If you've ever played a JRPG, you've likely heard the name Hironobu Sakaguchi. He's been a motive force in the Final Fantasy series and other smash hits like Chrono Trigger.
For this, his latest title, he's embraced free to play on mobile. Immediately, that makes him either a creative trailblazer or the devil incarnate, depending on your view of free games.
Yet for all the polarised opinion around free to play, Terra Battle is pretty much what you'd expect. An excellent game, slightly spoiled by occasional spikes of frustration.Tricky chameleon
What might be more of a surprise is the nature of the game itself. It's a fast-paced, board-based strategy title with significant role-playing and puzzle elements. Not quite what you'd expect from someone synonymous with the JRPG genre.
The influence is obvious in the look of the game. It's packed with art straight from the anime and manga schools. It's bright and engaging, but inevitably includes a few feeble sexist stereotypes.
Beyond quality art, it doesn't look much fun. Most of the action takes place on a grid, where you slide character tiles around between enemies and each other.
The idea is to sandwich one or more enemies between two of your characters. When you do, the flanking characters will unleash their attacks on the poor unfortunates in between.Wise owl
On it's own that'd be a poor basis for a game, but there's more. Lots more. If you can plan things so that other friendly characters are in vertical or horizontal alignment with the attackers, they lend their power to the assault.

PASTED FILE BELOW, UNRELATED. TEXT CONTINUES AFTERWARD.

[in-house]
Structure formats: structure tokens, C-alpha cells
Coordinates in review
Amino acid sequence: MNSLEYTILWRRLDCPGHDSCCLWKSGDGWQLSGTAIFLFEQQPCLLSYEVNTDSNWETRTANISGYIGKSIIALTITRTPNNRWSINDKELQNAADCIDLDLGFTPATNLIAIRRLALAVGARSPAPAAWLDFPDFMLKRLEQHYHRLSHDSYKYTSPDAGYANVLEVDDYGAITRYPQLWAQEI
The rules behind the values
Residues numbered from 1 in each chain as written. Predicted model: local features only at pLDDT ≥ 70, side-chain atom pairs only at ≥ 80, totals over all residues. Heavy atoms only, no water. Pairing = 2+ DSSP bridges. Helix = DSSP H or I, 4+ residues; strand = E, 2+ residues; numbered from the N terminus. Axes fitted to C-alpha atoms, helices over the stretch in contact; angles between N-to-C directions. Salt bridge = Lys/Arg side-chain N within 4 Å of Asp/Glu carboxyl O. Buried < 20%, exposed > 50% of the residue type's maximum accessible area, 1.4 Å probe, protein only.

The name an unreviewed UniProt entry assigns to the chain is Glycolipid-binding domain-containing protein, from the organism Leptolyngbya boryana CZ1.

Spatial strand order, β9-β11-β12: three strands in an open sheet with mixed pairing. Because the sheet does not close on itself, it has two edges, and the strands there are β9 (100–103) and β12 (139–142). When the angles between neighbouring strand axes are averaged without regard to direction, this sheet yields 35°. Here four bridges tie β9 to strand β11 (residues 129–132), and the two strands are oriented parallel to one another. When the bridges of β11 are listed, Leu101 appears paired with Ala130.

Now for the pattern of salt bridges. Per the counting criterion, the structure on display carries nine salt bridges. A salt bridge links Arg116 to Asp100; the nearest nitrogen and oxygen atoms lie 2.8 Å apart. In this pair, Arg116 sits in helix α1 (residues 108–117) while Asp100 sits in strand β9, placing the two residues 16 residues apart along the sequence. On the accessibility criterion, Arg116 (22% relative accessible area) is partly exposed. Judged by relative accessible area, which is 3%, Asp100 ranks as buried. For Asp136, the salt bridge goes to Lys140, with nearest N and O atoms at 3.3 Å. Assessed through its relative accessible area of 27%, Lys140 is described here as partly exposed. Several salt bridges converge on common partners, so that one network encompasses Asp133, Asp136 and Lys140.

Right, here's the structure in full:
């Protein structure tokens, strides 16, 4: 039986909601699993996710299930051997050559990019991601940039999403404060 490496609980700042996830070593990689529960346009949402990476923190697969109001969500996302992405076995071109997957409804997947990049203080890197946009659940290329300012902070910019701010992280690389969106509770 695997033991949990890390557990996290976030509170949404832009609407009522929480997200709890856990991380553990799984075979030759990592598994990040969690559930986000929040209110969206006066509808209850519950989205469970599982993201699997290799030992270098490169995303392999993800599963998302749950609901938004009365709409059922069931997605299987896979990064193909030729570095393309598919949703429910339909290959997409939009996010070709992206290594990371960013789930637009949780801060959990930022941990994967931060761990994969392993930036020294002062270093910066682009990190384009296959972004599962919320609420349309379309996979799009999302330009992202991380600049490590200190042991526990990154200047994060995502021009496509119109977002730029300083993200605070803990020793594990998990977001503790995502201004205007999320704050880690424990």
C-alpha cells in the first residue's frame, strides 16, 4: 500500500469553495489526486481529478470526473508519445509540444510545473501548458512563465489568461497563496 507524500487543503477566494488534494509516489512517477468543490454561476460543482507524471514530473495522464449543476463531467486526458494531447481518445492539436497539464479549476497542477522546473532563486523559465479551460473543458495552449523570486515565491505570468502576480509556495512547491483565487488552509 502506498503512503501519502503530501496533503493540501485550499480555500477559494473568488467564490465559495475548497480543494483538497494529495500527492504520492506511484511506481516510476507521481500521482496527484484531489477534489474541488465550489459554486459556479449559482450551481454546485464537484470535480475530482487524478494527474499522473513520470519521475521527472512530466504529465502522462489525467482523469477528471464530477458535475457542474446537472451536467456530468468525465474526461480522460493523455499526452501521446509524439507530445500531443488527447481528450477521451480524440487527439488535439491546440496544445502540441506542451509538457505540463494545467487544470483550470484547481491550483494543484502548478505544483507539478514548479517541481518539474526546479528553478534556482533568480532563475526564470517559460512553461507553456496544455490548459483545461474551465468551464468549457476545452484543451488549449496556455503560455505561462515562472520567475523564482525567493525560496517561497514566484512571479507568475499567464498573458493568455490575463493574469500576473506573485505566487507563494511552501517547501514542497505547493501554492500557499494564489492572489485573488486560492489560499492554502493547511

To make that a bit easier, friendly characters you slide through get pushed one square. It's a mechanic straight out of Puzzle & Dragons but feels right at home here, adding some quick tactics to the longer term strategy.
Between games there's some light levelling up. Stats grow. You can recruit new adventurers or reorganise your party. You can burn items to expand the roles of your existing squad. It all adds to the draw and the depth.
These simple strictures would be a tediously straightforward game by themselves. So things are spiced up by having the player squeezed in a vicious vice of time pressure.
It burns down with terrifying speed, drowning those easy decisions in a rising flood of panic.Patient elephant
Applying timers to strategy games is a difficult art, but Terra Battle gets the balance right on the money. The result is an often thrilling blend of action and strategy.
And it has a bottomless capacity to keep you coming back for more. That sense that next time, you'll plan it right. Next time, you'll do it better.
You don't, of course. But that just makes you want to keep trying again and again.
It takes a while to reach this point. The first few levels are way too easy. And while the plot, told in text snippets between levels, weaves a grand sense of place, the actual narrative is hollow gibberish.
But once the game has its hooks in you, it's crazy, quickfire fun. This is where the free to play elements come in, with an energy mechanic that limits play time.
It's easy to keep in energy credit during the early levels. But as the difficulty starts to creep up, you'll need to start doing special side quests for bonus items or experience.
These cost more energy, and quickly deplete your stock. They're also only open for limited time windows, so you feel pressure to make the most of them.
And as the game advances, and the difficulty increases, you'll need to grind the bonus levels a lot to stay competitive.
So it's the usual free to play story. Except that Terra Battle gives you an awful lot of free play time before you gently hit that pay-or-grind wall. And on top of that the game itself is ridiculously good fun.
You pays your money and takes your choice. Except here you get a choice about whether you pays your money at all. Confused? Just play it. It's free to start with, after all.